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Old August 30th, 2017, 09:31 AM   #1
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Audio "clipping" without passing 0db

I often get clipping when I plug into someone else's equipment despite setting levels low. I try to mic the person but often for events with multiple people talking it's not an option.

For my theatrical work its more straight forward you get line level feed and if the recorder or camera was set to mic it be obvious during the sound check the clipping is being caused by incorrect level.

The dj at my last gig told me to plug into his speaker and it was ok for the parts I needed but there are sections clipped despite being well below 0 db, like when he is shouting into his mic or the music in general.

It must being getting clipped before it reaches me. Maybe there isn't anything I can do. Seems like I get this more when plugging into these portable PA systems
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Old August 30th, 2017, 11:10 AM   #2
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Re: Audio "clipping" without passing 0db

Welcome to the wonderful world of gain structures.

You're absolutely right, the audio is getting clipped before it hits your recorder, so it's either in the mixer's preamps, or in the wireless transmitter's preamps (if it's a wireless mic.)

This is why I don't rely on DJs to give me a good feed.
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Old August 30th, 2017, 11:26 AM   #3
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Re: Audio "clipping" without passing 0db

Quote:
Originally Posted by Pete Cofrancesco View Post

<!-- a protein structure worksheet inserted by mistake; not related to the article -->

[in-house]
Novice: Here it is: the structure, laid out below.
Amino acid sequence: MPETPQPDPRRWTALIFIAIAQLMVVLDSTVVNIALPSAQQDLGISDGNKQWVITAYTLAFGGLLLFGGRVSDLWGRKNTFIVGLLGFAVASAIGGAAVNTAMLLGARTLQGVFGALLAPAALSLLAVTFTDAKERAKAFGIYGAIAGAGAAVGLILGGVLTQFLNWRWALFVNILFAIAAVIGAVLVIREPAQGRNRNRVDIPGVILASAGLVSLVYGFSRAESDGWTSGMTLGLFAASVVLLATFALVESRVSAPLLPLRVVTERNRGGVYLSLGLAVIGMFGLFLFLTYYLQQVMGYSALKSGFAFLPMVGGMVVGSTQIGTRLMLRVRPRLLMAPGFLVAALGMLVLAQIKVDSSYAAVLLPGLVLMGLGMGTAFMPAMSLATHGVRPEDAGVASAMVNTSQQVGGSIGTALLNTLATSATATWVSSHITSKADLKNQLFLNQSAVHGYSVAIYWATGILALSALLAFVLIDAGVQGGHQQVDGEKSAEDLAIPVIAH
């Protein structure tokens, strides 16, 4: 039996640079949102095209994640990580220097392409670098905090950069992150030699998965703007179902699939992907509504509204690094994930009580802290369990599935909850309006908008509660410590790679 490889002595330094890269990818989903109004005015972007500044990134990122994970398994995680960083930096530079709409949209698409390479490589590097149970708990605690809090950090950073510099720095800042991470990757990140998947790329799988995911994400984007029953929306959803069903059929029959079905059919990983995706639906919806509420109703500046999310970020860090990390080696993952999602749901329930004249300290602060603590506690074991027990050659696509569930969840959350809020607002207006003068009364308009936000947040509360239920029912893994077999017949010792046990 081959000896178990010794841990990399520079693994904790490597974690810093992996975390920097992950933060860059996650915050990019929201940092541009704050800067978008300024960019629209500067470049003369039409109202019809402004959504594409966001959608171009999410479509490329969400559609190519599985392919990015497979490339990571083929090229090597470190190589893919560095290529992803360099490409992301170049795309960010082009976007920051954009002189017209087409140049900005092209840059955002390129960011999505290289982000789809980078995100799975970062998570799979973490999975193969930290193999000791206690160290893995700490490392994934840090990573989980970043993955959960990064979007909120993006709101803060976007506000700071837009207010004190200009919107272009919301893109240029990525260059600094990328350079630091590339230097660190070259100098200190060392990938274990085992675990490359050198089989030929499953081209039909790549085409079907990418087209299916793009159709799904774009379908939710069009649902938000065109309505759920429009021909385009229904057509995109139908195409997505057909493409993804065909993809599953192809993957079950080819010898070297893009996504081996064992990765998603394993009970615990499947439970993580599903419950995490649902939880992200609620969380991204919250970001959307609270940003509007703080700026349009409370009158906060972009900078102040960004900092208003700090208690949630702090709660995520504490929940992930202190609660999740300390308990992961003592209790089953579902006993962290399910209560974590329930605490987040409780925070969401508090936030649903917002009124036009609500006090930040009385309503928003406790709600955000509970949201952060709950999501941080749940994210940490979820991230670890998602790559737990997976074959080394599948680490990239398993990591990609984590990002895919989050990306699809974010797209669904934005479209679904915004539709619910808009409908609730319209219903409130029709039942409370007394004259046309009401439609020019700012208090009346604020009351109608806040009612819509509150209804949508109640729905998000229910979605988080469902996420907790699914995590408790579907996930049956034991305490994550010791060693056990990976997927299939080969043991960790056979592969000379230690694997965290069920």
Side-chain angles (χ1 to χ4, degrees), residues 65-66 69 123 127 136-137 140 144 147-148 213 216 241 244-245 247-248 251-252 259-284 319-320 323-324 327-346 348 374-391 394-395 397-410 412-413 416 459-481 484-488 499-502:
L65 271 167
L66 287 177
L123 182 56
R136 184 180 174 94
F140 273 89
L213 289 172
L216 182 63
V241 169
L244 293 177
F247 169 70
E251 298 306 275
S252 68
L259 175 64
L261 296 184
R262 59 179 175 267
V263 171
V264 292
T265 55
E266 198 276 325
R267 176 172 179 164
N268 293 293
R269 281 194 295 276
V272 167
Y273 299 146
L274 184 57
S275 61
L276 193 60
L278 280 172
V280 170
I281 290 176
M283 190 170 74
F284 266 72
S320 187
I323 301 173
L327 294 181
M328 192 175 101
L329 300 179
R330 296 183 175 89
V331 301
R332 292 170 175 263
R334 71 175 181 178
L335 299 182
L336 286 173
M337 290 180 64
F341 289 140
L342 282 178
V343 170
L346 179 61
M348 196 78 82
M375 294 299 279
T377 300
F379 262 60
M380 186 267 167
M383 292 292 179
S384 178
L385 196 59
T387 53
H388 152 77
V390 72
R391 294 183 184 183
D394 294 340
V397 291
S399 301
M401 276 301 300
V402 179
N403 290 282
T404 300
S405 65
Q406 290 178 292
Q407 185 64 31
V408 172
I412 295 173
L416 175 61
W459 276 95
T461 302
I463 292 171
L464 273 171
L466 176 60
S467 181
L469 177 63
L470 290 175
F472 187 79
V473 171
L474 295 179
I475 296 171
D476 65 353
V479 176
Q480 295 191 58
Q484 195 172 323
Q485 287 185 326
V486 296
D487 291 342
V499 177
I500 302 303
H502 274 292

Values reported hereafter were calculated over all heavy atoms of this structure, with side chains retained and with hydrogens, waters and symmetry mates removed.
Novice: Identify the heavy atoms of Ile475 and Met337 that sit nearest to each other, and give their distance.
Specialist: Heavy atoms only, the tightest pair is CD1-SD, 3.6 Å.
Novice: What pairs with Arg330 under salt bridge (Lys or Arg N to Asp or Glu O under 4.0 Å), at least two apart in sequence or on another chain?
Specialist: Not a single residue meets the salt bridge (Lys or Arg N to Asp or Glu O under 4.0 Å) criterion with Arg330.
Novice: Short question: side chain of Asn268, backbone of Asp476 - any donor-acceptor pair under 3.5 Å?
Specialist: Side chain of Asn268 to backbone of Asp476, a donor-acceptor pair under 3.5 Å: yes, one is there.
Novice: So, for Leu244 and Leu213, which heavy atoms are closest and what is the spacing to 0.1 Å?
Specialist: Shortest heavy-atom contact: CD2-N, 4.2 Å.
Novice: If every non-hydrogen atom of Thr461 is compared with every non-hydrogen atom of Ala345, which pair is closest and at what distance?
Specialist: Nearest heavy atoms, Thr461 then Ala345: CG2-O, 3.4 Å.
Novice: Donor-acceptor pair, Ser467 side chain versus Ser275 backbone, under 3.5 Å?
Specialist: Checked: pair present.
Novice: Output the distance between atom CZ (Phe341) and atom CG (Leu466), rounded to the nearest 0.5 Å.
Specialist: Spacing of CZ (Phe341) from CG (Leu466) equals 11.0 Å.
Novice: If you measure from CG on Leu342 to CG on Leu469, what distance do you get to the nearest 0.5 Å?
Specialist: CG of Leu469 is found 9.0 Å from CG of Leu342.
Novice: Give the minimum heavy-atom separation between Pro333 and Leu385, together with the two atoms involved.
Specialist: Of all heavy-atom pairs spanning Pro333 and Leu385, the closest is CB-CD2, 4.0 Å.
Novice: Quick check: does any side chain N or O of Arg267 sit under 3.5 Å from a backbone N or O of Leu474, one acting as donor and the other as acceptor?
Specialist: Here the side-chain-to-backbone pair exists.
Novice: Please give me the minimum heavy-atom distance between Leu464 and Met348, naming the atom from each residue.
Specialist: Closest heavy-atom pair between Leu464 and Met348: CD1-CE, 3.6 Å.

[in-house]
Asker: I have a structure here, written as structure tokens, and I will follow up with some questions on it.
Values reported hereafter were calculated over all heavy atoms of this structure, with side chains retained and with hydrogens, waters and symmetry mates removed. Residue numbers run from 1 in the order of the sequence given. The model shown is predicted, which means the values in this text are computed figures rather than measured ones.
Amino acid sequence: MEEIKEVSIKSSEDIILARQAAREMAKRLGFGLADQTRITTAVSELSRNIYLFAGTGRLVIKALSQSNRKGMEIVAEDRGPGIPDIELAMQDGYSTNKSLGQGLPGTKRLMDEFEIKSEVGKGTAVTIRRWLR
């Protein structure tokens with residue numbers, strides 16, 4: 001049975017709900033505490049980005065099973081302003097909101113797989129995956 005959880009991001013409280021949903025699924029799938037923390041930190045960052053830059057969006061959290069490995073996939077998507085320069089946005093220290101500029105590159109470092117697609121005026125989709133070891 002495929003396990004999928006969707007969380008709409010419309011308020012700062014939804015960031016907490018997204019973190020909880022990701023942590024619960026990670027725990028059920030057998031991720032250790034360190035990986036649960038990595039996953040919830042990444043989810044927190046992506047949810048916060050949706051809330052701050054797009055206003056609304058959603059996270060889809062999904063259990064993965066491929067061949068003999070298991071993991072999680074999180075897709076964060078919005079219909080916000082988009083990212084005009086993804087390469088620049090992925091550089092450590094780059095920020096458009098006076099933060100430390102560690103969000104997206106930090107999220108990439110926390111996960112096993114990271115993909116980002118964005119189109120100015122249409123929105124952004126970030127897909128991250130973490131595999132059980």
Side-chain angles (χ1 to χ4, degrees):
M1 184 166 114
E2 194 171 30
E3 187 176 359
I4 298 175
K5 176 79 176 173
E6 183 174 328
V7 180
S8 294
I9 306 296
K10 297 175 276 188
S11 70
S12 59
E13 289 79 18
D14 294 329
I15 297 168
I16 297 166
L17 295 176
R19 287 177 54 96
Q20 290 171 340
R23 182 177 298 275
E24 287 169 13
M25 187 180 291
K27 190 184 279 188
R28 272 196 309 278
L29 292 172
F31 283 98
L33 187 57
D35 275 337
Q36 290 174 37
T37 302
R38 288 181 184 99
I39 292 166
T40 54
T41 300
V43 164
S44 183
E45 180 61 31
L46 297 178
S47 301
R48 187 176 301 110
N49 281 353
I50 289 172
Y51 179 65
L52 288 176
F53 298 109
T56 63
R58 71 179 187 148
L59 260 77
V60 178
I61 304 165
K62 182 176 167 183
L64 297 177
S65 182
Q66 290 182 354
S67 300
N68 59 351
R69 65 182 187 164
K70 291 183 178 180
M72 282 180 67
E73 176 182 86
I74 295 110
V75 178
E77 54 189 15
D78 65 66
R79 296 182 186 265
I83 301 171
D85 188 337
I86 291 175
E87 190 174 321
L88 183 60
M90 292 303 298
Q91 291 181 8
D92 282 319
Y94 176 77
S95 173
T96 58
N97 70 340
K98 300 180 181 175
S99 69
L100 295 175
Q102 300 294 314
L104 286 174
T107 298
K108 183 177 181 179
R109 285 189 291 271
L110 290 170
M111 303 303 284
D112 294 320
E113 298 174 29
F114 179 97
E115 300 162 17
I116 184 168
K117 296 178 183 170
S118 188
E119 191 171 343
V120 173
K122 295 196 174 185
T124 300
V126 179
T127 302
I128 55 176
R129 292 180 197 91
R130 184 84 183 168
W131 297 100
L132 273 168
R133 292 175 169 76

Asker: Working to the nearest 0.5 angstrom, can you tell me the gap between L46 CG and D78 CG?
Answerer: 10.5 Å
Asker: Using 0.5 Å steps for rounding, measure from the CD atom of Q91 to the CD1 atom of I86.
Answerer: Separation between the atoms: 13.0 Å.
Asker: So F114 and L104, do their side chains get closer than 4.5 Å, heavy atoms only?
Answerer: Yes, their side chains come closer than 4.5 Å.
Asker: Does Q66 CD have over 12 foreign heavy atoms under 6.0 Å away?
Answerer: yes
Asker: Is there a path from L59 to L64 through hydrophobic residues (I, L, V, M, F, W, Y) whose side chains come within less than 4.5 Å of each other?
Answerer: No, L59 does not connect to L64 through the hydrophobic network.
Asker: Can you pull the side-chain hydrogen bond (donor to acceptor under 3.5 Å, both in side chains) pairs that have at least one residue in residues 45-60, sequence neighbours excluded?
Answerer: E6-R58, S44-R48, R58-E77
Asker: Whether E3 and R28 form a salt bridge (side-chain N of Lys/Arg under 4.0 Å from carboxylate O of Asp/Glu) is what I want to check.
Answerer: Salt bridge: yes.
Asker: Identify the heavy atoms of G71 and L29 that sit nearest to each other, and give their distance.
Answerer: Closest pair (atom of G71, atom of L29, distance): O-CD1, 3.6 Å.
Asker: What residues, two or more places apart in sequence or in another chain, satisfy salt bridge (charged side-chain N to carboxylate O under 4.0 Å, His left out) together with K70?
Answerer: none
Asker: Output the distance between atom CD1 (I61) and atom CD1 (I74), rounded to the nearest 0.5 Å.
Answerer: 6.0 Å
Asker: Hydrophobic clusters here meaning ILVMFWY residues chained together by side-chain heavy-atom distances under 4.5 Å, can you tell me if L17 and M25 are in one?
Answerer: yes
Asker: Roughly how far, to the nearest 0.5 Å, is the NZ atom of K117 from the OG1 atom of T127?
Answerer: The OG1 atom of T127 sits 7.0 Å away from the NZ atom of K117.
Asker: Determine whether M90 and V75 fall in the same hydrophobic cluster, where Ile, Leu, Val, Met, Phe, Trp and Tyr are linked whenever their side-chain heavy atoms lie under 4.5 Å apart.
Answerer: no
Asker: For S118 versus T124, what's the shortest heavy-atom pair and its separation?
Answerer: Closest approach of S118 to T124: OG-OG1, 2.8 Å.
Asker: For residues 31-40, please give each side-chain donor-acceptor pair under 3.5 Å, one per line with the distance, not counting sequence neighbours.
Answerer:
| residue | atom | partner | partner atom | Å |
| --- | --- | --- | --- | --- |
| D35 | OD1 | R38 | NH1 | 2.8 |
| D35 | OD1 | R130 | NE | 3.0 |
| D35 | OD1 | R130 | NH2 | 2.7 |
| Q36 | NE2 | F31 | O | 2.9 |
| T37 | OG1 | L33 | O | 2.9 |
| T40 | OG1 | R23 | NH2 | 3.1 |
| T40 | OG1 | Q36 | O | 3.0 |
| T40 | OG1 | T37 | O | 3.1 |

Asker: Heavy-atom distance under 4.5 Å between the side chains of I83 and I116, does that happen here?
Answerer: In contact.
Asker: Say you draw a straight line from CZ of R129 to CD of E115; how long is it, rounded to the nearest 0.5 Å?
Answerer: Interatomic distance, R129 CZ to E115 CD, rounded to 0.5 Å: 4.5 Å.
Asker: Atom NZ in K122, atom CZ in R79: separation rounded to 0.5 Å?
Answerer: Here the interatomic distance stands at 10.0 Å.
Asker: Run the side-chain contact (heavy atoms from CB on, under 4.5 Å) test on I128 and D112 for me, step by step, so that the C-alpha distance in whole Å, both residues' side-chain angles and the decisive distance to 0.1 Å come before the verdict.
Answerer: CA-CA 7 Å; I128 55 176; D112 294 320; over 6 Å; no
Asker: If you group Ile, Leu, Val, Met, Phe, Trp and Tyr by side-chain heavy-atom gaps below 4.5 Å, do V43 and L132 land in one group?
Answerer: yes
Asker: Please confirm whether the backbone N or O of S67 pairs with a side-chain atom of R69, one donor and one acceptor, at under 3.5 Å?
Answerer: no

The dj at my last gig told me to plug into his speaker and it was ok for the parts I needed but there are sections clipped despite being well below 0 db, like when he is shouting into his mic or the music in general.
You plugged a speaker output into a line level input?
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Old August 30th, 2017, 11:38 AM   #4
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Re: Audio "clipping" without passing 0db

All true! There is one more possibility to consider, if you're having to set to line level and still set your recording gain below 1/10th of the scale of the control, you may be getting a hotter signal than your recorder/camera can handle, even though you've chosen line level at the input.

It does seem more likely the signal is clipped before it gets to you, but if you suspect your input is overloaded by a hot signal the solution is to get an in-line attenuator of perhaps 15 or 20db on the line you receive from the DJ. Audio-Technica, Shure, Whirlwind are some of the US manufacturers. I'm sure there are others.

This one's nice, because you can select -10, -20 or -30db.

Another useful bit of kit to carry for these situations is a DI, aka. Direct Box, especially when a DJ gives you an unbalanced signal on 1/4" TS. A good one will have selectable attenuation, and a transformer to convert to balanced mic level. A good one will tame a really hot signal...